Signs of 'alien life' appear on Venus after breakthrough


As if 2020 wasn't bonkers enough...

Scientists have discovered a rare molecule in the clouds of Venus, which suggests colonies of living microbes could be thriving.

The alien life could be living in the oxygen-free environment high in the planet's atmosphere.

The surface of Venus is far too hot to sustain life - it's just a toasty 464C, no biggie.

But astronomers have speculated that life could survive high in the planet's atmosphere where conditions are much more moderate.

An international team of astronomers led by Professor Jane Greaves of Cardiff University have announced the discovery of phosphine gas in these high clouds.

Phosphine gas is a molecule which is produced on Earth by microbes that live in similar oxygen-free environments.
A hobby astronomer points his telescope at the yellow disk of the rising sun as he observes the transit of planet Venus. Photo: Hendrik Schmidt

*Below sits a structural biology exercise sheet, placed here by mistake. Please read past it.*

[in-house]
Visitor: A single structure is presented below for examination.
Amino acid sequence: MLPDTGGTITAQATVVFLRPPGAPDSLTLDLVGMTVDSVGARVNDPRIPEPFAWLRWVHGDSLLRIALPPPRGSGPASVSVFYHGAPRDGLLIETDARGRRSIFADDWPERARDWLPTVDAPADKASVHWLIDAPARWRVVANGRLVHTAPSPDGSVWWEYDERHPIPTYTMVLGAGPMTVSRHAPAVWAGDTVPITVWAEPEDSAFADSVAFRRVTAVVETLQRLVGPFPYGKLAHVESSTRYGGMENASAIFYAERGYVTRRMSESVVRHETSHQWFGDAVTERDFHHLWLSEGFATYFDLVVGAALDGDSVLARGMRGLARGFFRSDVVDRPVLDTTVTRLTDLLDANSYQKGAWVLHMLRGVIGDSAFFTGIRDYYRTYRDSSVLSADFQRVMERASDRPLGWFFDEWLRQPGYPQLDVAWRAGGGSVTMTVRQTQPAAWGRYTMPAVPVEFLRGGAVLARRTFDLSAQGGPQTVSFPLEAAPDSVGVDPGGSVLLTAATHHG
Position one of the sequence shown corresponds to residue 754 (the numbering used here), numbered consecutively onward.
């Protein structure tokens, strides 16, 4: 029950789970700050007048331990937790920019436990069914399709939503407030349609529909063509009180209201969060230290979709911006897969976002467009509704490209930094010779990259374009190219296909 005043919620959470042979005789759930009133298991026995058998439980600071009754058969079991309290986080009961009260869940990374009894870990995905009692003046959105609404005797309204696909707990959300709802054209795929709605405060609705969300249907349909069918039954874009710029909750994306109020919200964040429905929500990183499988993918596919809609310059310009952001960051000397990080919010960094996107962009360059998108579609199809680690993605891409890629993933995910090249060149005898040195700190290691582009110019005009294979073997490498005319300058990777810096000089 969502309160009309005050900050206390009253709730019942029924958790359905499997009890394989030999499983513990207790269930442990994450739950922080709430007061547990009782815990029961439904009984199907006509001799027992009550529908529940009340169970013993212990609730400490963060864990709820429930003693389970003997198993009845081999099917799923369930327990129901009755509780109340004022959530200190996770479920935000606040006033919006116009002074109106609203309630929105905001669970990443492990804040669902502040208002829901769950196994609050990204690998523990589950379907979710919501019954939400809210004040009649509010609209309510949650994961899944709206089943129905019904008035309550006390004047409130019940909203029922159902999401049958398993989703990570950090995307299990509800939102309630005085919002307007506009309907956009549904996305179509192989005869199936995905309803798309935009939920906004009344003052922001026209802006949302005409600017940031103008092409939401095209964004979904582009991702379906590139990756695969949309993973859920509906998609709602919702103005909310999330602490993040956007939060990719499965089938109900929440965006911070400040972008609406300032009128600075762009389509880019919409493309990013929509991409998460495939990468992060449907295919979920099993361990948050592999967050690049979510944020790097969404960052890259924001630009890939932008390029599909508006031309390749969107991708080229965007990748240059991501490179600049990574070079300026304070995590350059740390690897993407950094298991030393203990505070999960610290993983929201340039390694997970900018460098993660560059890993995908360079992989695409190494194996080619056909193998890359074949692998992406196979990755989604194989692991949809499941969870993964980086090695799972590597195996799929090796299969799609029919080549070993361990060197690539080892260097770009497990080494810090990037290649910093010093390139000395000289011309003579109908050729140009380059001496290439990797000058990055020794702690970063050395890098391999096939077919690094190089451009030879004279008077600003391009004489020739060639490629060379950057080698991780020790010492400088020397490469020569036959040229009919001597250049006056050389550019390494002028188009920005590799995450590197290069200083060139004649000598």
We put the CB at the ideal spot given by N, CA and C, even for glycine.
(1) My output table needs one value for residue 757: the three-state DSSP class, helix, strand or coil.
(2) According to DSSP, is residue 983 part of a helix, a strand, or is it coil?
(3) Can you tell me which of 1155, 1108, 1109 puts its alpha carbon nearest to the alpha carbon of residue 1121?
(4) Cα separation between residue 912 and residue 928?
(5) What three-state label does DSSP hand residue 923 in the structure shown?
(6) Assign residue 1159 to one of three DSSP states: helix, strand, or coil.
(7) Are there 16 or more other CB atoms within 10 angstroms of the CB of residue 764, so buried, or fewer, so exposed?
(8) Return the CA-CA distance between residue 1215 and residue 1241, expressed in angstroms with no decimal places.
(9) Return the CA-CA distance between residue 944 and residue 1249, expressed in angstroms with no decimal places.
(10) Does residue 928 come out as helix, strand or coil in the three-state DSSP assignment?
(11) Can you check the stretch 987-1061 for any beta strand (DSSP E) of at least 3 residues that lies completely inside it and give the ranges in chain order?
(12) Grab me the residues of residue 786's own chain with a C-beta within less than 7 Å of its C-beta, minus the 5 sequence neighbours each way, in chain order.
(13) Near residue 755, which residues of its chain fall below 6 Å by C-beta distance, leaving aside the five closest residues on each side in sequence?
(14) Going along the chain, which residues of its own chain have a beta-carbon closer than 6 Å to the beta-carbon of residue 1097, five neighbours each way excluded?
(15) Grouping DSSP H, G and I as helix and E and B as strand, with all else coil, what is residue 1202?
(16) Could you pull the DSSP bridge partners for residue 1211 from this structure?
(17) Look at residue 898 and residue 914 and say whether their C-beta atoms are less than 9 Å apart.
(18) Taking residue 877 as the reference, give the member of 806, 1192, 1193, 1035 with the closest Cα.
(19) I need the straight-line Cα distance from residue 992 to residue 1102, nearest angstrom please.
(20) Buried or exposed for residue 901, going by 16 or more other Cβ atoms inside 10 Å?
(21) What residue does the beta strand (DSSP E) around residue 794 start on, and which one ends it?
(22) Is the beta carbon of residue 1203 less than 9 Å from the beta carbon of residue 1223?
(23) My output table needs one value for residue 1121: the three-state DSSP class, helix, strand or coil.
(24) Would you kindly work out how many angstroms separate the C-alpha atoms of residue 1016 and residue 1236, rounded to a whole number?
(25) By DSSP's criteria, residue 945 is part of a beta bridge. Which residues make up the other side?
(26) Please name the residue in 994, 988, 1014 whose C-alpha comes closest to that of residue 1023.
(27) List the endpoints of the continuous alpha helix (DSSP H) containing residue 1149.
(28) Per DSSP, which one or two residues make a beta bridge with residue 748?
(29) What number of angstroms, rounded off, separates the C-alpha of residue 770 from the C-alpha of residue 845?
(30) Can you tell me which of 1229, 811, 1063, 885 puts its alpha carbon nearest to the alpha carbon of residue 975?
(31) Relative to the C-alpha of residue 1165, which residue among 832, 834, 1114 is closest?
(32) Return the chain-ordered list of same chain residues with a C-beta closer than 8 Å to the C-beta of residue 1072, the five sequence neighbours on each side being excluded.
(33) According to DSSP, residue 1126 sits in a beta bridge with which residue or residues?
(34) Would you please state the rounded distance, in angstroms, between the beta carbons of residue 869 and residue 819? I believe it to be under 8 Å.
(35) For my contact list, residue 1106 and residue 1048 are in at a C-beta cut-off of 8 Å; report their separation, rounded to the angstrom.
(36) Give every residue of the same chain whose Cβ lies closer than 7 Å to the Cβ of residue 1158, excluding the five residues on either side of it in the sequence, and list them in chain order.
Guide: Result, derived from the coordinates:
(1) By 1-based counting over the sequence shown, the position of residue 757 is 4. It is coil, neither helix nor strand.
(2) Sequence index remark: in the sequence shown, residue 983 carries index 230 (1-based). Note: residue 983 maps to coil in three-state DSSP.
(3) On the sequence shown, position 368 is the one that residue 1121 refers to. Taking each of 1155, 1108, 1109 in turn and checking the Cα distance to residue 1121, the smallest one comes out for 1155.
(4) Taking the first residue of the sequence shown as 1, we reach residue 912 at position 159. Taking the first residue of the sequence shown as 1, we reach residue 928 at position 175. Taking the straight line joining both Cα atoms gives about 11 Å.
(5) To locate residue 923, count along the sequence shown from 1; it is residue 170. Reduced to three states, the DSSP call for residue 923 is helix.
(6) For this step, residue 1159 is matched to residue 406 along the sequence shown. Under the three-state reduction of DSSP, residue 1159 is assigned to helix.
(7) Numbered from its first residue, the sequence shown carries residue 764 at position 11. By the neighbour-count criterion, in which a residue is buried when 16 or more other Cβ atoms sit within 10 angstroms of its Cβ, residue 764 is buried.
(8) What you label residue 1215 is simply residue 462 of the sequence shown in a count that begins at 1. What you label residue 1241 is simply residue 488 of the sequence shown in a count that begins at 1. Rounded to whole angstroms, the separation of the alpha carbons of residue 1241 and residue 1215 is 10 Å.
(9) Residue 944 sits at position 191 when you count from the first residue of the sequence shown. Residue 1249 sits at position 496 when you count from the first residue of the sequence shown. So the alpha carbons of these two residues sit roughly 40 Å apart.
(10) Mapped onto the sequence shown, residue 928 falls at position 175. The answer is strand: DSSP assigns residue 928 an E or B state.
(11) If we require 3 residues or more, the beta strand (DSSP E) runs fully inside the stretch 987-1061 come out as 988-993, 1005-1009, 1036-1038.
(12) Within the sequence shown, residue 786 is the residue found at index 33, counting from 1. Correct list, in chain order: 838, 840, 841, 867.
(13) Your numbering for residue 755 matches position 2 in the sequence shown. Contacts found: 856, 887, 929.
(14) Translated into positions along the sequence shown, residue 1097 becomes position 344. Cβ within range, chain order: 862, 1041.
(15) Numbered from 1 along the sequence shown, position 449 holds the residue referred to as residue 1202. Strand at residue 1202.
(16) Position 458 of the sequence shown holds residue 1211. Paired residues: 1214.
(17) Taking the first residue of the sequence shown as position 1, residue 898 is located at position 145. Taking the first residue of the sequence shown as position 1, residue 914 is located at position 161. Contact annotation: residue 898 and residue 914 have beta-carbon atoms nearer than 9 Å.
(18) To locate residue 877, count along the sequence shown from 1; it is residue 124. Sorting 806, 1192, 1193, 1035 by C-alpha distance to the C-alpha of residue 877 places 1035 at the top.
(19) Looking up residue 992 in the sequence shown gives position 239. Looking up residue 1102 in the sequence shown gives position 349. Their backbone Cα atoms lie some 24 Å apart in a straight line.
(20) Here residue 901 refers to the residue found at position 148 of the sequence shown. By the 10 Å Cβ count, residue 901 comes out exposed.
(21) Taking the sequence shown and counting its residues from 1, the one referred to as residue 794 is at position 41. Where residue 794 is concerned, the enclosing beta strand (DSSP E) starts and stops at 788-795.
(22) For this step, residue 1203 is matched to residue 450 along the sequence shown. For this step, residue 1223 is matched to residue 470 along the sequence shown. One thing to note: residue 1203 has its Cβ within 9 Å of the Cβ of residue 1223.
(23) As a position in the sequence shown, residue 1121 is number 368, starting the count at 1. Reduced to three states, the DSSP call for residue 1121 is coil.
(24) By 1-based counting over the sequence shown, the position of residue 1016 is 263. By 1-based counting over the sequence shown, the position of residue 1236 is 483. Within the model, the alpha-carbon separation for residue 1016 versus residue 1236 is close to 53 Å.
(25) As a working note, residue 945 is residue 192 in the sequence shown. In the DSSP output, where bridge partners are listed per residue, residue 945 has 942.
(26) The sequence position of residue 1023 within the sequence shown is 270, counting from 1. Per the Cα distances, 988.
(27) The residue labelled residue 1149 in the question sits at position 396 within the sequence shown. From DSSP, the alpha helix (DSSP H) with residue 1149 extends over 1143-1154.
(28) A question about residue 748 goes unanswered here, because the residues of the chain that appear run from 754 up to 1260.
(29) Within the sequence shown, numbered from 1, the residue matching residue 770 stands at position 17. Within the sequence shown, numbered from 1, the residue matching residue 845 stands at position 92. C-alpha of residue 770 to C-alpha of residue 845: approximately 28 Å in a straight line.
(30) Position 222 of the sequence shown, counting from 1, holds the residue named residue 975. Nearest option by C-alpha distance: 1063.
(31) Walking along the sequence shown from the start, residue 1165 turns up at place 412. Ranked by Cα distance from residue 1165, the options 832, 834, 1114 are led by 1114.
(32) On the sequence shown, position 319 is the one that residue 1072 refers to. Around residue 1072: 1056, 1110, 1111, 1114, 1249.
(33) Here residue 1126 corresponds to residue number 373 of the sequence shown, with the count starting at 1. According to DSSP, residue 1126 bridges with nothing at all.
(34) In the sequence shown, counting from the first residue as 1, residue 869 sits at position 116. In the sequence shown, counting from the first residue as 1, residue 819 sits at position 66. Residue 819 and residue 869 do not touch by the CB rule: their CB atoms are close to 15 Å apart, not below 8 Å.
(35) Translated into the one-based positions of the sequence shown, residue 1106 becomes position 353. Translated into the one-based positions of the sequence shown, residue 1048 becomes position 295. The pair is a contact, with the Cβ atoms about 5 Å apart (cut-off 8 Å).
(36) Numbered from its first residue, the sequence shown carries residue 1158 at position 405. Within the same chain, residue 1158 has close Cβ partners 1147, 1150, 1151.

These molecules were first detected by the James Clerk Maxwell Telescope near Mauna Kea in Hawaii.

"This was an experiment made out of pure curiosity, really - taking advantage of the JCMT's powerful technology," said Professor Greaves, per Sky News.

"I thought we'd just be able to rule out extreme scenarios, like the clouds being stuffed full of organisms. When we got the first hints of phosphine in Venus' spectrum, it was a shock!"

The team have warned that natural processes couldn't be ruled out due to the lack of information about the prevalence of phosphorus on Venus.

Microbial life on Venus is expected to be very different to that on Earth, however.

It would need to survive in the hyper-acidic conditions of the planet's clouds - made almost entirely from sulphuric acid.


Professor Emma Bunce, president of the Royal Astronomical Society, congratulated the team on their work.

She also called for a new mission to Venus to investigate their findings.

"A key question in science is whether life exists beyond Earth, and the discovery by Professor Jane Greaves and her team is a key step forward in that quest," said Professor Bunce.

"I'm particularly delighted to see UK scientists leading such an important breakthrough - something that makes a strong case for a return space mission to Venus," she added.